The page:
Types of Juniper squamata

There are no other varieties of Blue Star juniper, but there are other cultivars of Juniperus squamata, including:

  • Juniperus squamata 'Meyeri' is the cultivar Blue Star originated as a sport. It has a more upright habit, so it would not work as well where a short, spreading shrub is needed.
  • Juniperus squamata 'Floreant' has two-toned, light, and dark foliage. Its compact growth habit also makes it suitable for growing in containers.
  • Juniperus squamata 'Dream Joy' has white foliage in the spring, which makes this compact shrub stand out.


Their slow growth rate means that Blue Star juniper shrubs hardly ever have to be pruned unless you try to fit them into an area with very little room.

One thing to be aware of is that this plant can experience a sudden growth spurt following several years of no significant increase in size. So it might happen that it perfectly fits into a tight spot without any need for pruning for a long time, and then it may sneak up on you size-wise and will require pruning.

Propagating Blue Star Juniper

Because Blue Star is a cultivar, the only way to propagate a plant true to type is the vegetative way, through stem cuttings, and not through seeds. Here's how it's done:

  1. Cut off a healthy stem at least 5 inches long using a sharp knife or pruner in late fall or winter. Remove any side shoots and the needles from the lower portion of the stem. 
  2. Fill a 4-inch pot with potting mix and dip the cut ends in rooting hormone. Make a hole in the soil with a pencil or stick and insert the cutting. Water well until the soil is evenly moist.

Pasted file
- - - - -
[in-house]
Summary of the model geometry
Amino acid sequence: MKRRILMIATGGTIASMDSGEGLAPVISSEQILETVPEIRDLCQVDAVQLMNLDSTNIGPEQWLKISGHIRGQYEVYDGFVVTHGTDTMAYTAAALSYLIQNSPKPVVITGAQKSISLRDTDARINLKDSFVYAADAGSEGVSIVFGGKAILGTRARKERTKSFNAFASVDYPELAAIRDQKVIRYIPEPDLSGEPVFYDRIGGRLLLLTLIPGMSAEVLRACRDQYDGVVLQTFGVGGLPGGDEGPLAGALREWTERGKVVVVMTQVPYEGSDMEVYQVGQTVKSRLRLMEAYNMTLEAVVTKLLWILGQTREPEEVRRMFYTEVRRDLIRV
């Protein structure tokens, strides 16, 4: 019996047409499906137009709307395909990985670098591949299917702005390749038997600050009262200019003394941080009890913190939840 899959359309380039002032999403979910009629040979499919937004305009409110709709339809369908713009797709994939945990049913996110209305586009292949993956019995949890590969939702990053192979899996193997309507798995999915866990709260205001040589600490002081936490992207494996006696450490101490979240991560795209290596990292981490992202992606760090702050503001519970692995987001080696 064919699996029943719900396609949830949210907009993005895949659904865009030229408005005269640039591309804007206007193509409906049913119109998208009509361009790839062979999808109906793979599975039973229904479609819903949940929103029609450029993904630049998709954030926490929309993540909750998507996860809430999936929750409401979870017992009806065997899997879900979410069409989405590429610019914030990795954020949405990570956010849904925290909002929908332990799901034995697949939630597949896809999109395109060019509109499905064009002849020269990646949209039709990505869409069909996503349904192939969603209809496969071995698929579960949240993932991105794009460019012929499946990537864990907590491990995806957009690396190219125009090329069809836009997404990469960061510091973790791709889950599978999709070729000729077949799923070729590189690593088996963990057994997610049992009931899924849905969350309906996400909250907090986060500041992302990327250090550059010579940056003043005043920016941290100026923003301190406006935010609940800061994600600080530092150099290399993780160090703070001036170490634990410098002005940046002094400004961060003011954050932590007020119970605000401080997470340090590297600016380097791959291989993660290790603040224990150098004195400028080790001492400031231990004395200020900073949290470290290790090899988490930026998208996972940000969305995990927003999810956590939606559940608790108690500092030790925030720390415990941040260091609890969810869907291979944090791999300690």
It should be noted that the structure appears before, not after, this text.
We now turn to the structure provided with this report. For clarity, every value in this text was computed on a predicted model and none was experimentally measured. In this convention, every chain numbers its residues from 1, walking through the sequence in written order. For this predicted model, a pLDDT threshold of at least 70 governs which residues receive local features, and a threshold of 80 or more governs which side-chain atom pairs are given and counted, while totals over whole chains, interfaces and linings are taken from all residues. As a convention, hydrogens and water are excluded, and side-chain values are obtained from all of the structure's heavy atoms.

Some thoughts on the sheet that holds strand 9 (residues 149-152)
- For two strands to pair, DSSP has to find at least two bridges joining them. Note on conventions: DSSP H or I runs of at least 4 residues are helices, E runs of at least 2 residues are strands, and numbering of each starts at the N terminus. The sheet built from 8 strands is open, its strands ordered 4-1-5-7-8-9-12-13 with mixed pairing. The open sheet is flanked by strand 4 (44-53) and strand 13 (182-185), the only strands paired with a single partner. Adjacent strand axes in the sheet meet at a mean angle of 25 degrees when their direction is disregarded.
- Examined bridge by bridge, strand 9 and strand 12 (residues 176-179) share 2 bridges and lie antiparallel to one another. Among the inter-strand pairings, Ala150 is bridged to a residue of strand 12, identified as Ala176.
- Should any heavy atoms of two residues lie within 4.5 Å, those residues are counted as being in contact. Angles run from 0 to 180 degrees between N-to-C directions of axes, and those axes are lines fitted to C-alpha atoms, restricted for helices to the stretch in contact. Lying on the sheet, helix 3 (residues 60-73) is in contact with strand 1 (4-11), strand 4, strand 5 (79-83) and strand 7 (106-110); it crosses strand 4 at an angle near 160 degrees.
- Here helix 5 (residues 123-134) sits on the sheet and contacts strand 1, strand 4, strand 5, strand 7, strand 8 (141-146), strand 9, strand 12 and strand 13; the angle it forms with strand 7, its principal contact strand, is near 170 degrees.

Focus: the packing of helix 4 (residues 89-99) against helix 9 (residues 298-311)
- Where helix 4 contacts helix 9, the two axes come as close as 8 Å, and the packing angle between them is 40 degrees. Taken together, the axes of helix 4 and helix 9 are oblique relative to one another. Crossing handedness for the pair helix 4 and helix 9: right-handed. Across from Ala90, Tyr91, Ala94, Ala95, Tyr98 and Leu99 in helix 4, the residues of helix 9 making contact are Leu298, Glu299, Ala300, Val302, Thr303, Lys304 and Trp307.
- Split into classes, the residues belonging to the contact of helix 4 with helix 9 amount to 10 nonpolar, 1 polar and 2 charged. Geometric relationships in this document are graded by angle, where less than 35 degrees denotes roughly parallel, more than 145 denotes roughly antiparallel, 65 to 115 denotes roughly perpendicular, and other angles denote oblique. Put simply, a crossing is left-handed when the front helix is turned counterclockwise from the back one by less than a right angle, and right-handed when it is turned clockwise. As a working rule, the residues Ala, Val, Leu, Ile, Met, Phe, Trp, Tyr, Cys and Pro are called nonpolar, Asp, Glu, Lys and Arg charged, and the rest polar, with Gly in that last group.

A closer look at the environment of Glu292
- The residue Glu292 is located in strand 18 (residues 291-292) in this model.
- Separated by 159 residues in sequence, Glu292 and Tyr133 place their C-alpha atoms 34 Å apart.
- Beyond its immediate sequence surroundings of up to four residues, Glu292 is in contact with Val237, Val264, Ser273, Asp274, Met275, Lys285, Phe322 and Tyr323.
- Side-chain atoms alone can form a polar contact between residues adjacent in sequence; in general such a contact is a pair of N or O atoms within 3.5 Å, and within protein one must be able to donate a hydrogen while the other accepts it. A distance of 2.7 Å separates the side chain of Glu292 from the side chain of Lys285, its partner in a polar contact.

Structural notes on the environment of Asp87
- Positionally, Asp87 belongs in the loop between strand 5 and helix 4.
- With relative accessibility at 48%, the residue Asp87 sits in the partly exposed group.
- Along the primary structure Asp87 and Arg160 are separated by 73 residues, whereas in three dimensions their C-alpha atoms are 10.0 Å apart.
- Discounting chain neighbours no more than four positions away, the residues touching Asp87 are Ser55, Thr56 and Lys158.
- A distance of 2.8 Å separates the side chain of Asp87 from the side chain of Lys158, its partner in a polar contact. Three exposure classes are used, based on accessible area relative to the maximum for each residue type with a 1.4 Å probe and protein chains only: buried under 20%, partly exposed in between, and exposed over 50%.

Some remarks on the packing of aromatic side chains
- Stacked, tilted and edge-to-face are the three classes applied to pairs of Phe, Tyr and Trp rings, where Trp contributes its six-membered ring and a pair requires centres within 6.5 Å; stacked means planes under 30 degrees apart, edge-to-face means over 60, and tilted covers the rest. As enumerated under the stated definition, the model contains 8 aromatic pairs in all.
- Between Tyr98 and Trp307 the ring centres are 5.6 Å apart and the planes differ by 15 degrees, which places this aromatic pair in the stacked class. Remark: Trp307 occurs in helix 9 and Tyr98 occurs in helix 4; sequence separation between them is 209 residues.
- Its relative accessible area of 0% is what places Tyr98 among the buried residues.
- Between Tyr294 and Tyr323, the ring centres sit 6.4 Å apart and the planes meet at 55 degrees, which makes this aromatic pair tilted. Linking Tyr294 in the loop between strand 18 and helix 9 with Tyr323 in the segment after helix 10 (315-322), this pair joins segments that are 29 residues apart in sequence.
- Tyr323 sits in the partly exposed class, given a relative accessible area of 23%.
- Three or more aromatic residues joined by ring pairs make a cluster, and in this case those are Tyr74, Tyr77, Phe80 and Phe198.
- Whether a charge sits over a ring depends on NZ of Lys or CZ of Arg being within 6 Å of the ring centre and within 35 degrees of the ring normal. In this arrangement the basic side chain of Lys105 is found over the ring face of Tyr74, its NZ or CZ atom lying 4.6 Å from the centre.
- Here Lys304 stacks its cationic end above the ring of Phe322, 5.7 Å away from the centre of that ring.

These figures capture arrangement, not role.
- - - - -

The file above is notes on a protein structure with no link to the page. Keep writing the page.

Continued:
3. Place the pots in a protected outdoor location, such as a cold frame with bright, indirect light. Keep it evenly moist.
  4. In the spring, repot any rooted cuttings in larger individual pots. Let them grow in the pots for a couple of seasons. The stronger they are when transplanted, the better their chance of survival in the landscape.

Potting and Repotting Blue Star Juniper

To grow Blue Star juniper in a container, choose one at least 8 inches wider than the nursery container, so it has room to grow for at least two to three years before requiring repotting. The preferred container material is terra-cotta, so the container does not topple over easily.

Like all container plants, Blue Star grown in a pot needs more frequent watering than when grown in garden soil, especially during hot summer.


Blue Star is a hardy evergreen that can tolerate winters up to USDA zone 4 without protection. Potted plants, however, need to be moved to a sheltered outdoor location. The containers should also be insulated as the roots don't have enough soil around them to protect them from the winter cold. You can winterize the container by wrapping the container in burlap or bubble wrap.

Common Pests & Diseases

Blue Star juniper is a tough shrub mostly unbothered by pests and diseases when planted in well-drained soil. Soggy soil can lead to root rot. Any disease or bug-pest problems will generally occur on these shrubs only in hot, humid regions.

One such problem is spider mites. When you first detect spider mites, hose the bush down with a powerful spray. This may knock the pests off. Check your bush regularly after that to ensure that the spider mites do not return. Repeat the hosing-down as needed.

Deer do not eat Blue Star junipers (probably because the foliage is so bristly), making them a deer-resistant shrub.

  • Is Blue Star juniper a ground cover?

    Botanically it is a shrub, but since it is so low-growing, the dense, globe-shaped foliage makes it an attractive ground cover.

  • Can you grow Blue Star juniper in a container?

    With its compact size and slow growth rate, Blue Star juniper is one of the dwarf conifers that does well in containers.

  • How far apart should I plant Blue Star junipers?

    The distance between plantings depends on how you want to use them. For individual specimens, plant them 6 to 8 feet apart, measuring from the center of the plant. As a groundcover, plant them densely, about 2 feet apart.